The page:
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How Art Critics Challenge and Provoke Artists and Audiences

Changing philosophies in, functions for, and materials used in artmaking has lead to a change in the way art is perceived by the public. A shift from the structural and cultural frames to the subjective and recently postmodern frames means that the interpretations of an artwork can be much more wide-ranging than previous to the 20th century.

This statement is especially true in relation to contemporary Australian criticism—as a comparatively young nation, it has taken some time for a uniquely Australian style of critical writing to develop.

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Both the popular press and specific art journals are mediums through which critics can express their opinions and interpretations of artwork, collection, gallery, or a particular artist. While some take the opinion that because critical writing implies authority, “the critic knows best” and that they are always right. However many will disagree with the critics depending on how they feel about an issue.

John McDonald is a well-known and often controversial art critic, with strong opinions on a wide range of aspects of the visual art world. In an essay entitled Up Its Own Art (Spectrum liftout, Sydney Morning Herald, April 6-7 2002), he launches an intense attack on the current state of contemporary art—“Dumbed down and robbed of the old taboos, contemporary art has lost its ability to move or stimulate us”. The article is very provocative, making claims like “Art criticism has reached it’s lowest ebb in 20 years” and “the kind of work that best represents the “New British Art” is…[a] fatuous affair”.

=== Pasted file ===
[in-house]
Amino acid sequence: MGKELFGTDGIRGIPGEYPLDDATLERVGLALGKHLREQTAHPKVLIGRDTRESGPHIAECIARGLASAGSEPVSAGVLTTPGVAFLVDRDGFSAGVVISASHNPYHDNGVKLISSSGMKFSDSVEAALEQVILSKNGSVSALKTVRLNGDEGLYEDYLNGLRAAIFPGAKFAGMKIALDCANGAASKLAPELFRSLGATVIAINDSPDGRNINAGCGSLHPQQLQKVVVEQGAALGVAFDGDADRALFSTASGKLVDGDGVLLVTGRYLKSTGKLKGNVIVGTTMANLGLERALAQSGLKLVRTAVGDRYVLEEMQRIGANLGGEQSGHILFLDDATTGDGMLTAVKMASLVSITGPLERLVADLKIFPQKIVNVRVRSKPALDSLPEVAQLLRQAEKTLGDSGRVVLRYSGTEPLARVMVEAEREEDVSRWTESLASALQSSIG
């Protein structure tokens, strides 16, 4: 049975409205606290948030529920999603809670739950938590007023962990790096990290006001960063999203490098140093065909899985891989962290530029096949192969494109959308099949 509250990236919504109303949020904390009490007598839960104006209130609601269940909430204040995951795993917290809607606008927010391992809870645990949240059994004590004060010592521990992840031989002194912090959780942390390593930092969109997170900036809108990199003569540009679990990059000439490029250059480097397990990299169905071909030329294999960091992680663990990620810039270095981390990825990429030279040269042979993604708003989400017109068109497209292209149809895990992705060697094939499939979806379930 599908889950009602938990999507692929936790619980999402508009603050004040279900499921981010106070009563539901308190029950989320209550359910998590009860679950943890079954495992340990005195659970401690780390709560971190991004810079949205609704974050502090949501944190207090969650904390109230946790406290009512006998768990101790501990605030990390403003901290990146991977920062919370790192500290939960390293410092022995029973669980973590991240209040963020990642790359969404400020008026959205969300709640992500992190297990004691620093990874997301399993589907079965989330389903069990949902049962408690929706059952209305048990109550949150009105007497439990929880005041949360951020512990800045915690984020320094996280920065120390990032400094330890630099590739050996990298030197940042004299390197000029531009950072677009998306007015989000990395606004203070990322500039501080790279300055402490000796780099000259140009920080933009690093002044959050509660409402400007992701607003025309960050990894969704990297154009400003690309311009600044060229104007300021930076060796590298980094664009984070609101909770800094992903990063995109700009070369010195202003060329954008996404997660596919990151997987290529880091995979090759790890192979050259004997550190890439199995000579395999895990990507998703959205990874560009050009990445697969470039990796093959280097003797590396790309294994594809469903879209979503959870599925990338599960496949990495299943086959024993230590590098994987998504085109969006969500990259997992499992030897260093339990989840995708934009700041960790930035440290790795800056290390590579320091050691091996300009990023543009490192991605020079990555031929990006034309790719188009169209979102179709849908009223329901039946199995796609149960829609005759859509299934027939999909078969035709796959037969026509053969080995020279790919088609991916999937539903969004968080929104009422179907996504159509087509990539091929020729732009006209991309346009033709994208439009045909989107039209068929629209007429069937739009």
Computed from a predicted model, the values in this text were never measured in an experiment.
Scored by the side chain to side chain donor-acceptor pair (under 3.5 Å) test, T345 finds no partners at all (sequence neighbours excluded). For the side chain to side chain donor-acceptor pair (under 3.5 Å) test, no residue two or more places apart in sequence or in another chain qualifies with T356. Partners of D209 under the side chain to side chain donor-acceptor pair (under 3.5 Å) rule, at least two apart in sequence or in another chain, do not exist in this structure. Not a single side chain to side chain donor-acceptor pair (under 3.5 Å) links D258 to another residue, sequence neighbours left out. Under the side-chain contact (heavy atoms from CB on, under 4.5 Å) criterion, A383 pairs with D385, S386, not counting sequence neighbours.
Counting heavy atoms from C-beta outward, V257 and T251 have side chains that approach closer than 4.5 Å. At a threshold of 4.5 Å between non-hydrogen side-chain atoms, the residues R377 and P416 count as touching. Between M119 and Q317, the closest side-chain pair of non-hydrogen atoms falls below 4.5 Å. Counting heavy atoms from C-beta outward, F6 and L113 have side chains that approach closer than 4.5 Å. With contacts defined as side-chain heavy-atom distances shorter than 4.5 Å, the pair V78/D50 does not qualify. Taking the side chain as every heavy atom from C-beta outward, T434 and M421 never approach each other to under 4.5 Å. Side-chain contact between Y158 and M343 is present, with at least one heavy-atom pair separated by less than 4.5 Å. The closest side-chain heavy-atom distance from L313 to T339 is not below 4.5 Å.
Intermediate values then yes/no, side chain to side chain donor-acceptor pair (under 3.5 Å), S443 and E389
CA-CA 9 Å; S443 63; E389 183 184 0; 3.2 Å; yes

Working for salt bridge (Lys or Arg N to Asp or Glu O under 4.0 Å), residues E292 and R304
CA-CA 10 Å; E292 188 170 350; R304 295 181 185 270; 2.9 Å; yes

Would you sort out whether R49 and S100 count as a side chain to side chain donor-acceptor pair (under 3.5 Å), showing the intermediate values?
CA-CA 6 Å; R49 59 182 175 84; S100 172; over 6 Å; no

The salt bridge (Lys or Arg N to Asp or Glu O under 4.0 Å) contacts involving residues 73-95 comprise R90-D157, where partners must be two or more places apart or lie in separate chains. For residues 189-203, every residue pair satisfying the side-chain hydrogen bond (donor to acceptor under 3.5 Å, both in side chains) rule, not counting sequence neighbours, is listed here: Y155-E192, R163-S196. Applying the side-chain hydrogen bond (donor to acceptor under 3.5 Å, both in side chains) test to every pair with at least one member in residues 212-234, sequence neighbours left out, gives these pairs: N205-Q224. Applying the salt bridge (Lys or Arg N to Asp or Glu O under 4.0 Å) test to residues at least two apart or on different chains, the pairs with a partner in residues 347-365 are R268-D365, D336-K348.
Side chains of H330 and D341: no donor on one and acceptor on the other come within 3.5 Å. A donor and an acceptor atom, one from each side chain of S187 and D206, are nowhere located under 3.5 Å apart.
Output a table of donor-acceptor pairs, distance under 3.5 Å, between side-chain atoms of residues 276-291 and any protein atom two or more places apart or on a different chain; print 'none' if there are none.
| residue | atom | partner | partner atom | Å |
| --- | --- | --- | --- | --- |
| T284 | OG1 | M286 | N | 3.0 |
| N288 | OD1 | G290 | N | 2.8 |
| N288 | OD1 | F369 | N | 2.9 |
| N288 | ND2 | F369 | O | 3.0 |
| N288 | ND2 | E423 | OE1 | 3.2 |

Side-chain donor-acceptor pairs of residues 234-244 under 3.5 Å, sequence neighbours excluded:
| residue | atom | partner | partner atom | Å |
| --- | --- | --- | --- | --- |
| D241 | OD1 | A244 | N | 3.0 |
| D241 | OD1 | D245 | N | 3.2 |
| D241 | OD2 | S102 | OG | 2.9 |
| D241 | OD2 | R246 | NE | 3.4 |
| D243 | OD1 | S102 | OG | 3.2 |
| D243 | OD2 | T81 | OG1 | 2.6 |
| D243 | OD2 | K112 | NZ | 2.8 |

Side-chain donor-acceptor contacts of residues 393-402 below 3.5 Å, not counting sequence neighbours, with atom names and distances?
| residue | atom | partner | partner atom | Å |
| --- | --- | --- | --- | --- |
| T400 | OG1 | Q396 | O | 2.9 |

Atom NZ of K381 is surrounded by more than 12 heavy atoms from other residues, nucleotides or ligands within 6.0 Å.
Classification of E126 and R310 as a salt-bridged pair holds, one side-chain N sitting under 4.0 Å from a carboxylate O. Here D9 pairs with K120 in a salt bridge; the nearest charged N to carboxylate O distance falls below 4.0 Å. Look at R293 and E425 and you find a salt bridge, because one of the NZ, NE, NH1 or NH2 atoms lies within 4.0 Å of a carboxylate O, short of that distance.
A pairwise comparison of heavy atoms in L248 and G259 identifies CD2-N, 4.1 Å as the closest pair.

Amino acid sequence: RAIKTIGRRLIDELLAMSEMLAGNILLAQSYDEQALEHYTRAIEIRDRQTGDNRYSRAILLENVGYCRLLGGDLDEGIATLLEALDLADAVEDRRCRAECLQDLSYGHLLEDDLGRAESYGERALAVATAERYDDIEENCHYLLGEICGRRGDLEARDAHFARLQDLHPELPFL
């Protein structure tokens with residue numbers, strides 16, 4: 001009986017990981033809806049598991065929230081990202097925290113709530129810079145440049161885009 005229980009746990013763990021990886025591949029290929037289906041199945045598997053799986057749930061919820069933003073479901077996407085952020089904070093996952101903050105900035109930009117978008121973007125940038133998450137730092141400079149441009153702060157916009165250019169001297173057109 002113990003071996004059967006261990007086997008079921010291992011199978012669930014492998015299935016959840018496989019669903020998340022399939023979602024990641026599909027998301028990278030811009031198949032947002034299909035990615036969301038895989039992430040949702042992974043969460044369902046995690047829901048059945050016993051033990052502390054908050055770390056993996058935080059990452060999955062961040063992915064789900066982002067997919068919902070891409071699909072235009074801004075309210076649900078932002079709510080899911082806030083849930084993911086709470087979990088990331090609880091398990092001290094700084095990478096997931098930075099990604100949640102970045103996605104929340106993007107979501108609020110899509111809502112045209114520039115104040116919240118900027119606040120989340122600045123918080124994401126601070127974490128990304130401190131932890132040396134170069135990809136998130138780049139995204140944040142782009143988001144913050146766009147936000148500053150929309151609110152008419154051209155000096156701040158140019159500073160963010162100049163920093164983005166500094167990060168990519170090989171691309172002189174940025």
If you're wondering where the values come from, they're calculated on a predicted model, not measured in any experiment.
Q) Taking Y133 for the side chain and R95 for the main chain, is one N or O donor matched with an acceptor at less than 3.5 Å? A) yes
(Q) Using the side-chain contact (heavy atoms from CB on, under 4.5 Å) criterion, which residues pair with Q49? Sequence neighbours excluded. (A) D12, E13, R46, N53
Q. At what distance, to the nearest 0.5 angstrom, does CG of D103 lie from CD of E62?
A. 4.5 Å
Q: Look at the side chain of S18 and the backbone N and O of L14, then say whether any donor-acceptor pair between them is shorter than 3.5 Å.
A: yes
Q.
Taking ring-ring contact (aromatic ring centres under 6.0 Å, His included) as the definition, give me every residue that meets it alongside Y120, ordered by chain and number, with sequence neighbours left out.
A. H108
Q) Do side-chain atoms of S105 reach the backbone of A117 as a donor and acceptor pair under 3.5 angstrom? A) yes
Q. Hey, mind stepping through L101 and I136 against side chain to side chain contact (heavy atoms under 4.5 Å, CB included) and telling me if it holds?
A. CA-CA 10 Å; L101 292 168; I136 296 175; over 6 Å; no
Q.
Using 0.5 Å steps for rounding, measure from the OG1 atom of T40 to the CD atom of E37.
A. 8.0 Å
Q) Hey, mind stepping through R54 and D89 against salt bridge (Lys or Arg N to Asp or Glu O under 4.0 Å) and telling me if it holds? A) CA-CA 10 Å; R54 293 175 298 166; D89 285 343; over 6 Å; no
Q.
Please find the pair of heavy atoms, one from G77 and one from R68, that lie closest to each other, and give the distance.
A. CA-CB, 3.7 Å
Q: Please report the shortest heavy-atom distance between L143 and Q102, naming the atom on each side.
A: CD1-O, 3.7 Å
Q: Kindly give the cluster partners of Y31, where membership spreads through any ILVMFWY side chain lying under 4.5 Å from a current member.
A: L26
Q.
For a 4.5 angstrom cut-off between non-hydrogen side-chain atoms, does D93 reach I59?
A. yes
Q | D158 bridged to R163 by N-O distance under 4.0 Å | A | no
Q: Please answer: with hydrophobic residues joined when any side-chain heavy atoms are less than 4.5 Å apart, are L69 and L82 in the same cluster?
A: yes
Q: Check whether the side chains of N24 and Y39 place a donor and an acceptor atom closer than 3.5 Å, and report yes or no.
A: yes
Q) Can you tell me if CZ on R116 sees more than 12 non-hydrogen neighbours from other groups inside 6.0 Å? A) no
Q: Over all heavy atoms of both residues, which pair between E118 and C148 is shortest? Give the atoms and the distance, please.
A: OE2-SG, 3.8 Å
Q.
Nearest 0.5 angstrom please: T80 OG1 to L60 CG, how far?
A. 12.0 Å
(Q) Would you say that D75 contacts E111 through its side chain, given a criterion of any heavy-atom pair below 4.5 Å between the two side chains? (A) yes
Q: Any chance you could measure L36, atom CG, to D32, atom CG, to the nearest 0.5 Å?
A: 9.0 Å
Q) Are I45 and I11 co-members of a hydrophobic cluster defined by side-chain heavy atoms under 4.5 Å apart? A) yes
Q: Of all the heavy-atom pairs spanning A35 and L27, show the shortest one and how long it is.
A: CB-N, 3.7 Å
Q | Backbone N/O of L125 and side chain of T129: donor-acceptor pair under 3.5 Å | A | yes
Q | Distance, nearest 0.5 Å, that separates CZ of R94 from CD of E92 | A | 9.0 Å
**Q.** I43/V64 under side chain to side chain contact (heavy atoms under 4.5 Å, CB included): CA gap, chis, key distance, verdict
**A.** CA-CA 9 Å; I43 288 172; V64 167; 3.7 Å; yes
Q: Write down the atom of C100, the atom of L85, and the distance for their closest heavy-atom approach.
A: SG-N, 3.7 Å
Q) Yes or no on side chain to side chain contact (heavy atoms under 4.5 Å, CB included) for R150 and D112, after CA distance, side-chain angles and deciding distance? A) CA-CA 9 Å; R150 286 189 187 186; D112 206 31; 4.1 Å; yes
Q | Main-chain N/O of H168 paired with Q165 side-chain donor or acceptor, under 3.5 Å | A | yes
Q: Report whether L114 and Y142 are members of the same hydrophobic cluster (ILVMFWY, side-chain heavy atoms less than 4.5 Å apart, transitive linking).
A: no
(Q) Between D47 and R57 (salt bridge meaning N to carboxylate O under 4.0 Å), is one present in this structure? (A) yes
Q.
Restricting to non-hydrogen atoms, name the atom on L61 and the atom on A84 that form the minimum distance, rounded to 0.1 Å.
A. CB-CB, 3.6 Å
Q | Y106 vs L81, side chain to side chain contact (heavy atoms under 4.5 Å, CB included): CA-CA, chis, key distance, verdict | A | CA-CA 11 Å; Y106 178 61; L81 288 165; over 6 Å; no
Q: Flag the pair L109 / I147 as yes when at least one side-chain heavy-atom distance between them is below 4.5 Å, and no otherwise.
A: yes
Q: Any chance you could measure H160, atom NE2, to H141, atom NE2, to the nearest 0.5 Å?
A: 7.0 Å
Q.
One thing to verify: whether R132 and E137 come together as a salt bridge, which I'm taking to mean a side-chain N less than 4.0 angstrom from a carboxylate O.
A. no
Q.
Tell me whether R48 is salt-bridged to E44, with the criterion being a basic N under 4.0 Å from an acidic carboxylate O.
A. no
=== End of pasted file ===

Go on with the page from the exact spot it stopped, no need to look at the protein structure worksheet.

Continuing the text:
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It seems that McDonald has written this piece to provoke the artists, the audience (gallery-going public), and other critics alike. Along with other strong opinions expressed in the piece, this article would have supporters of modern conceptual art up in arms. His attacks on contemporary artists, who he claims are pursuing the career for “a taste of pop fame”, are sure to provoke practicing artists.

Provoking criticisms also appear in another of McDonald’s articles, Off The Wall written for the Sydney Morning Herald. As well as containing a scathing review of Adam Geczy and Ben Genocchio’s book What is Installation? McDonald writes in the article that installation art is a type of “light entertainment, leaving audiences titillated rather than challenged”. Comments such as this and “the best installation art may simply instill a sense of aesthetic pleasure”, while of challenging nature, are not supported by fact or second opinion and it can be easy to see that this article’s only basis is the opinion of McDonald.

Another famous Australian critic, but somewhat less controversial, is Daniel Thomas. Unlike John McDonald, he writes mostly for specific art publications. In the 1997 issue of Art & Australia, he writes a positive review of the art of Peter Tyndall. Using his position as a respected art writer, Thomas gives us his interpretations of Tyndall’s conceptual art. “Country cunning, patience, and planned chance here produce magical results…”. Although Thomas is not as sharply opinionated as McDonald’s, it still remains that these are his interpretations, which others may not agree with. On encountering Thomas’s opinions, a reader will most likely stop and consider his own position on Tyndall’s work.

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How Art Critics Challenge and Provoke Artists and Audiences. (2021, Jan 19). Retrieved February 8, 2023, from